Instead, and to begin with, be very simplistic about what a horse can feel. For clarity and the purpose of this discussion lets make two simple postulations:
1) Horses absolutely require 2 things from you:
a. Clarity, and
b. Peace in your space.
2) Horses only have only 4 mental states:
c. Stress (hunger or injury) and
You’ll notice that love isn’t in there. The human emotion of love, although the definition is simply worded, can be a very complex emotion. Described differently by everyone, the emotion is likely much more complex than the horse is capable of. A horse however, IS capable of feeling peace, trust, and comfort. A horse can both emote this and feel this from you, the same as he can feel your fear or challenge. It is entirely possible in fact I attempt this whenever I am working with a horse to create a space of peace.
The Mental States
Fear is a physiological response to danger, either real or perceived. If a mountain lion jumps out of the bush at your horse he will experience fear. His instinctual reaction to his fear will be to flee. Agreed? It is no secret that we can teach a horse to change his response to fear. Consider a simplistic example: a horse will follow his leader. If one horse spooks at something and the leader runs, the rest will run. If the leader ignores it and puts his head back in the grass, the rest will resume eating. It’s a communication method that is thousands of times faster than a human could ever pull off (humans would schedule a meeting to talk about whether the lion was, in fact, dangerous). It works and is an essential survival skill for a prey animal. What does that tell us? It tells us that the leader can communicate to the rest of the herd a state of mind: fear, challenge or peace. If the other horses feel peace from the leader they will relax.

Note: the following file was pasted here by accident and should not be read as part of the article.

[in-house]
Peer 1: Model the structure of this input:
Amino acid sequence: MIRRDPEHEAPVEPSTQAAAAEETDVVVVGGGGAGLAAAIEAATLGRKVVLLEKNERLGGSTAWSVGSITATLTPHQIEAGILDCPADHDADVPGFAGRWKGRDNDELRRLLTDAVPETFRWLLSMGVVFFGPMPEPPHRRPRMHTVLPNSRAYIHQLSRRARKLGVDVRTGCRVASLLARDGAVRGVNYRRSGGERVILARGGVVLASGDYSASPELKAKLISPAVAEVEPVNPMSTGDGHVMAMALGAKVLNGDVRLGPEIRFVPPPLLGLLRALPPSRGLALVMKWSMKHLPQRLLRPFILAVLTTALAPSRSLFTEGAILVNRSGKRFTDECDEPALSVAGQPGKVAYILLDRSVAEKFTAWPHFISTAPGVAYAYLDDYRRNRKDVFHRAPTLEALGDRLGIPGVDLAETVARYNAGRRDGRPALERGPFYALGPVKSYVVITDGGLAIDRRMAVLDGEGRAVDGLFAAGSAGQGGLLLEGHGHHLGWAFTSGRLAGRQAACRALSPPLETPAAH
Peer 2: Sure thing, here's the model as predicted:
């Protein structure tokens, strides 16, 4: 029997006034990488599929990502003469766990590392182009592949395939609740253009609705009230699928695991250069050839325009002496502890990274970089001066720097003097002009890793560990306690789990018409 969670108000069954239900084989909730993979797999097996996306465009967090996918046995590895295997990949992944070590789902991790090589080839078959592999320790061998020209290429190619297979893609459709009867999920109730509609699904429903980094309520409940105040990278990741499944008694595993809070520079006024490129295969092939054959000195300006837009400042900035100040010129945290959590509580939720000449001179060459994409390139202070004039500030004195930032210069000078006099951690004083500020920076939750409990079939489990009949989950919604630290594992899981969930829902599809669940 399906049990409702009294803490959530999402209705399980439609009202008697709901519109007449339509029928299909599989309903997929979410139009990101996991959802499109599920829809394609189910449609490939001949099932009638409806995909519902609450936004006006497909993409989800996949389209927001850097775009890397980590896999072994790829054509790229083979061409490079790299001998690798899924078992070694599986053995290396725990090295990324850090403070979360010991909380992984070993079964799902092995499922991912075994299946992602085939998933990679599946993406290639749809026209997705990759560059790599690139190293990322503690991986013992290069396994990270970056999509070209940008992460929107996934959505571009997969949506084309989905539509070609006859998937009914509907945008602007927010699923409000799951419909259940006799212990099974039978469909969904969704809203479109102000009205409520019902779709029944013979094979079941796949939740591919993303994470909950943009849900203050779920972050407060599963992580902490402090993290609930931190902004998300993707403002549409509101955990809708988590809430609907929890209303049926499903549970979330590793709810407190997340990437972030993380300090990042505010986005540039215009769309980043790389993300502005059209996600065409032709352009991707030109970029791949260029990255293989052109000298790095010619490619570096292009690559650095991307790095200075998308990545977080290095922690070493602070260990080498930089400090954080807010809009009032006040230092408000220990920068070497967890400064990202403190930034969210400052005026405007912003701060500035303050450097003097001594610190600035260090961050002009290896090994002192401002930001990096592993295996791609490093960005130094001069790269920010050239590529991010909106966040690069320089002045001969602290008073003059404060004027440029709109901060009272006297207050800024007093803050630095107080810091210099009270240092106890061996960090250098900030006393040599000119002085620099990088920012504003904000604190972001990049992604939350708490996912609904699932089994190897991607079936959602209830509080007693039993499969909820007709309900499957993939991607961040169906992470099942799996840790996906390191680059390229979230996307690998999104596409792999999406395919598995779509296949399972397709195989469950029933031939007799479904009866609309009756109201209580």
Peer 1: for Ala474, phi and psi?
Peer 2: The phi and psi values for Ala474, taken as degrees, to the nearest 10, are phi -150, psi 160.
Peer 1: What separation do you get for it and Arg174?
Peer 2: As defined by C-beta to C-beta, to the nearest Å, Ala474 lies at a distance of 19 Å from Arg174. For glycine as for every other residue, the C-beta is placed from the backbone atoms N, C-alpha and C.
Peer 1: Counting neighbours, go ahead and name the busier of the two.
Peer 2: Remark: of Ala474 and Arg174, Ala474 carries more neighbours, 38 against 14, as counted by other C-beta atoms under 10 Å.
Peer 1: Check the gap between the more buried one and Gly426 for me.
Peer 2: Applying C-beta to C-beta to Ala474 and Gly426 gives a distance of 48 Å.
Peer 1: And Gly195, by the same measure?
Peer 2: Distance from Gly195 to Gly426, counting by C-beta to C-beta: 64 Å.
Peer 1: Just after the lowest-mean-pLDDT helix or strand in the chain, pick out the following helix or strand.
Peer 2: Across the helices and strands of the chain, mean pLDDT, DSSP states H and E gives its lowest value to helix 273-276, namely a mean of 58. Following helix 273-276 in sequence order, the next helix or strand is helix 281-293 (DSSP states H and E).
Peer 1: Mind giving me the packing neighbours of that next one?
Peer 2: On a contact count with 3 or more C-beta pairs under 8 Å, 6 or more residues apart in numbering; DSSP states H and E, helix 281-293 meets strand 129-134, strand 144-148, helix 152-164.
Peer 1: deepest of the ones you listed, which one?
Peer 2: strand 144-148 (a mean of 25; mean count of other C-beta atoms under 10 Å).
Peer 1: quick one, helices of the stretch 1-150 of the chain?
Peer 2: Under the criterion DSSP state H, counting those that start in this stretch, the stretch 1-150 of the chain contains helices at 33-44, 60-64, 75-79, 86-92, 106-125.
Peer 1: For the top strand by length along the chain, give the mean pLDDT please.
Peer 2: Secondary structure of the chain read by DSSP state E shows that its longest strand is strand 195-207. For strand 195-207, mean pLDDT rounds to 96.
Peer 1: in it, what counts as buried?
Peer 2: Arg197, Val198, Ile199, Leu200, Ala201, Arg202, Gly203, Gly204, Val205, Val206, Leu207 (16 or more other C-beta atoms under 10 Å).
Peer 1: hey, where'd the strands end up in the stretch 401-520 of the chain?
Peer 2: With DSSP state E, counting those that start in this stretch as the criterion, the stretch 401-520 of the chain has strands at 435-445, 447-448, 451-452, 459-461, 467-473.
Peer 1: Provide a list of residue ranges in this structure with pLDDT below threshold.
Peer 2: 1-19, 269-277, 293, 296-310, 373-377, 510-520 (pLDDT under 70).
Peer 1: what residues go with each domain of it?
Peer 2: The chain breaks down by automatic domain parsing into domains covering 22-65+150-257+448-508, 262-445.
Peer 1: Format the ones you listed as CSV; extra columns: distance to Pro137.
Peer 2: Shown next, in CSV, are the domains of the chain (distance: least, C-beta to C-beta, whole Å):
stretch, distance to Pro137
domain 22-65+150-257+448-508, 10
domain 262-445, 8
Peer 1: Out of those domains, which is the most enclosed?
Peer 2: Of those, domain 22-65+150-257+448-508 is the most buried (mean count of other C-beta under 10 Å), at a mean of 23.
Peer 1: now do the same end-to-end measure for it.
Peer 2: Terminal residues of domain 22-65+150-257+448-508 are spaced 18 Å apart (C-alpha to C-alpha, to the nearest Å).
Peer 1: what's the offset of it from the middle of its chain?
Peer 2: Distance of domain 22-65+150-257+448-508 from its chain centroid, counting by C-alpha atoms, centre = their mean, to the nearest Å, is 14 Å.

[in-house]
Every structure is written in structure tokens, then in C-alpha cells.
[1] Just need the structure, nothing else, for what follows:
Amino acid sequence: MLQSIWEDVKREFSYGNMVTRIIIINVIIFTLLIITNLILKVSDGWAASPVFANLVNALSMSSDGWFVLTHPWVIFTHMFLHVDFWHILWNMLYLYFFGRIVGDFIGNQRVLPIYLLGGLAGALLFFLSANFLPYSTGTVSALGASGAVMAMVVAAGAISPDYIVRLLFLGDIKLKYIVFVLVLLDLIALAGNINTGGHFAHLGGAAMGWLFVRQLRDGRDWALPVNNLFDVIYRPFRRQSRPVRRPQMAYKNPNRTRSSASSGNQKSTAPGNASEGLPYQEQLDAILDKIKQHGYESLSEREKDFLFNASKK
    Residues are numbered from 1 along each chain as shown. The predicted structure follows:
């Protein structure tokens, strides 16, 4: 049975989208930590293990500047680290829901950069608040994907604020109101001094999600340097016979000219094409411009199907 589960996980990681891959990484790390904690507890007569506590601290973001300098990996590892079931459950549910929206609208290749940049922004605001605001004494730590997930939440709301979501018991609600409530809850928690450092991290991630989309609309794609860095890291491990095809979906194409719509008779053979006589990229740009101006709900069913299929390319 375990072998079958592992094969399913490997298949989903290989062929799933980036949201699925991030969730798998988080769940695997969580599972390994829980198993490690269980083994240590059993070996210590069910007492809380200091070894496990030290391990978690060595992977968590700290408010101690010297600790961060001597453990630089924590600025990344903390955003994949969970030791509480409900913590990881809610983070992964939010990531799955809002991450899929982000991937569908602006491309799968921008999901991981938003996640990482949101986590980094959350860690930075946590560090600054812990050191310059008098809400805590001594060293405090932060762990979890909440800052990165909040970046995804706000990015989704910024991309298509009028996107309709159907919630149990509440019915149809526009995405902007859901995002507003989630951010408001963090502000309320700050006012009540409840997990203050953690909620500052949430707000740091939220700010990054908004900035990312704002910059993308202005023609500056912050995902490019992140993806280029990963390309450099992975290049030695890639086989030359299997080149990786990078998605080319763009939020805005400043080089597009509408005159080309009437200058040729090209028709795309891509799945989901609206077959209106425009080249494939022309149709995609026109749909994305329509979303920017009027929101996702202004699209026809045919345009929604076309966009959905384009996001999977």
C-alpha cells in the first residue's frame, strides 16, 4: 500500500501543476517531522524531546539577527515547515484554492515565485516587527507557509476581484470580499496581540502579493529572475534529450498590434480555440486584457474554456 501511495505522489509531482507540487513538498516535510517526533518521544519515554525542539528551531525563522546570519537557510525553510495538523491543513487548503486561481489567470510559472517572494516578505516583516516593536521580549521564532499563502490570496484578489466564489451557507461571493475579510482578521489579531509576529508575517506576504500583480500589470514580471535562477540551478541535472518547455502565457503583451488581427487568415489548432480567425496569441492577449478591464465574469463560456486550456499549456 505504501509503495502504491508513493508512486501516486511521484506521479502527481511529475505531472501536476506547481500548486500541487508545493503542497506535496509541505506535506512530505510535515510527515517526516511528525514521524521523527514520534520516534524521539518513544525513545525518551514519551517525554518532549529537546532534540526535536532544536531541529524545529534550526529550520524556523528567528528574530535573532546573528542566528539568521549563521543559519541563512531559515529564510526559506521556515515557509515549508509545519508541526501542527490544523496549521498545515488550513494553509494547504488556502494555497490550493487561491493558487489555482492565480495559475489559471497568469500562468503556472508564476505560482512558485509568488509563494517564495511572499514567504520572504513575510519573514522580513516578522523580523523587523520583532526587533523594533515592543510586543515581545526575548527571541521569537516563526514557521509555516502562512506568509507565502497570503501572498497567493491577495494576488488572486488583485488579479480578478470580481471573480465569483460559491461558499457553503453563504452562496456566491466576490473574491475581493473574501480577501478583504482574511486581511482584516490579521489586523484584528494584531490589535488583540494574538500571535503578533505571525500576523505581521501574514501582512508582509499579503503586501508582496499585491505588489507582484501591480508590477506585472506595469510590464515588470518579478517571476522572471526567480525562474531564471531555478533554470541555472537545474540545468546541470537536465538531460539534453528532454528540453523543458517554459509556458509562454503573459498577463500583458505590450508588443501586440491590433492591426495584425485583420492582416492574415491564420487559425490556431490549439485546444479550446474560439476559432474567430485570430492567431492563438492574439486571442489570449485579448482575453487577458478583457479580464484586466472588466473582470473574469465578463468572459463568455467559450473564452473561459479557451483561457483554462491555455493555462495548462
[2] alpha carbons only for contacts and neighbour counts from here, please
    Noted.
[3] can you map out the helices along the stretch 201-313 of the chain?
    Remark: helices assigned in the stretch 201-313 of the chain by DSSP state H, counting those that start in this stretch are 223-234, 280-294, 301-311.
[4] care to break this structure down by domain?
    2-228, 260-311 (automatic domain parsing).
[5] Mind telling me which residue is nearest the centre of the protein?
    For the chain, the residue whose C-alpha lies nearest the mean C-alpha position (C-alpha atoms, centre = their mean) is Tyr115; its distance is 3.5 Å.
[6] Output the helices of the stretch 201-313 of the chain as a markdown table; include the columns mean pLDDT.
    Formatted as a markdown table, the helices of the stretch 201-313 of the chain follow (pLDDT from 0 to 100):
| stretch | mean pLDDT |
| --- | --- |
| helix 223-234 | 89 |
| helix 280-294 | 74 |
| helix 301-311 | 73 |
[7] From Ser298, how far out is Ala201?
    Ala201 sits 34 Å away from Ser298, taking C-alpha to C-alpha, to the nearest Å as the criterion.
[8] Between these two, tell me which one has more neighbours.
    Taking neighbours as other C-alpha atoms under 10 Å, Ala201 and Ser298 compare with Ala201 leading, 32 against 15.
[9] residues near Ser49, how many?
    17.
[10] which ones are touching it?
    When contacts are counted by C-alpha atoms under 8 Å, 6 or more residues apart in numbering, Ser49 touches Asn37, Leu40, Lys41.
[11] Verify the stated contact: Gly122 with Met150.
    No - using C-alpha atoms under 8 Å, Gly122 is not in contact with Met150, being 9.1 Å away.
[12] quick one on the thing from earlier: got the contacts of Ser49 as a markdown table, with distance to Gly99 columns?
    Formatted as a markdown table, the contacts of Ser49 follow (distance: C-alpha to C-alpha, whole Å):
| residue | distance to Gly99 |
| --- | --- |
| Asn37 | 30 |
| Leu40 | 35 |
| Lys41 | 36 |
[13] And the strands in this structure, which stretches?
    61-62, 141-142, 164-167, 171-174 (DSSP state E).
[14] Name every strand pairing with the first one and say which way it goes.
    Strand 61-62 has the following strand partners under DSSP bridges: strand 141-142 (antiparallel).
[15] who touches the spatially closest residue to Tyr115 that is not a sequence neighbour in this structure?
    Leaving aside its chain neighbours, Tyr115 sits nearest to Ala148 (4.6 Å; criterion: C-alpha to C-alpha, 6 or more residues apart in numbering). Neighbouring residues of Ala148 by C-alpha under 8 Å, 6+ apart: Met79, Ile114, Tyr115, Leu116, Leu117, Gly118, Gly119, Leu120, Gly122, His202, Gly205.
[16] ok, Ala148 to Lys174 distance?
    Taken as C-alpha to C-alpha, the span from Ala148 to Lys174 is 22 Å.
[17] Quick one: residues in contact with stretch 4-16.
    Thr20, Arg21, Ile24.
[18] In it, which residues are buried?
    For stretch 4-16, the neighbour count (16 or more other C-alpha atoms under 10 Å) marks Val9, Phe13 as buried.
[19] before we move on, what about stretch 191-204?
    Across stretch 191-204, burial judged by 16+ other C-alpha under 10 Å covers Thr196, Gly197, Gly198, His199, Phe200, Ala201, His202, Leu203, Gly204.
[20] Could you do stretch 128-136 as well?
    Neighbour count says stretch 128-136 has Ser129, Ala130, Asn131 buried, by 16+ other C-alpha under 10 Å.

Challenge: If a horse in the herd decided to challenge the horse above them, they will have their little scrap, the question of who is above who will be answered, and they go back to doing what they do. A horse will also challenge you in the same way. If your answer is different every time, he will continue to challenge you until the question is answered. For example, from his viewpoint sometimes you act like a leader and other times you respond as if you were below him in the herd. A crucial question is not being answered: Just who is above who here????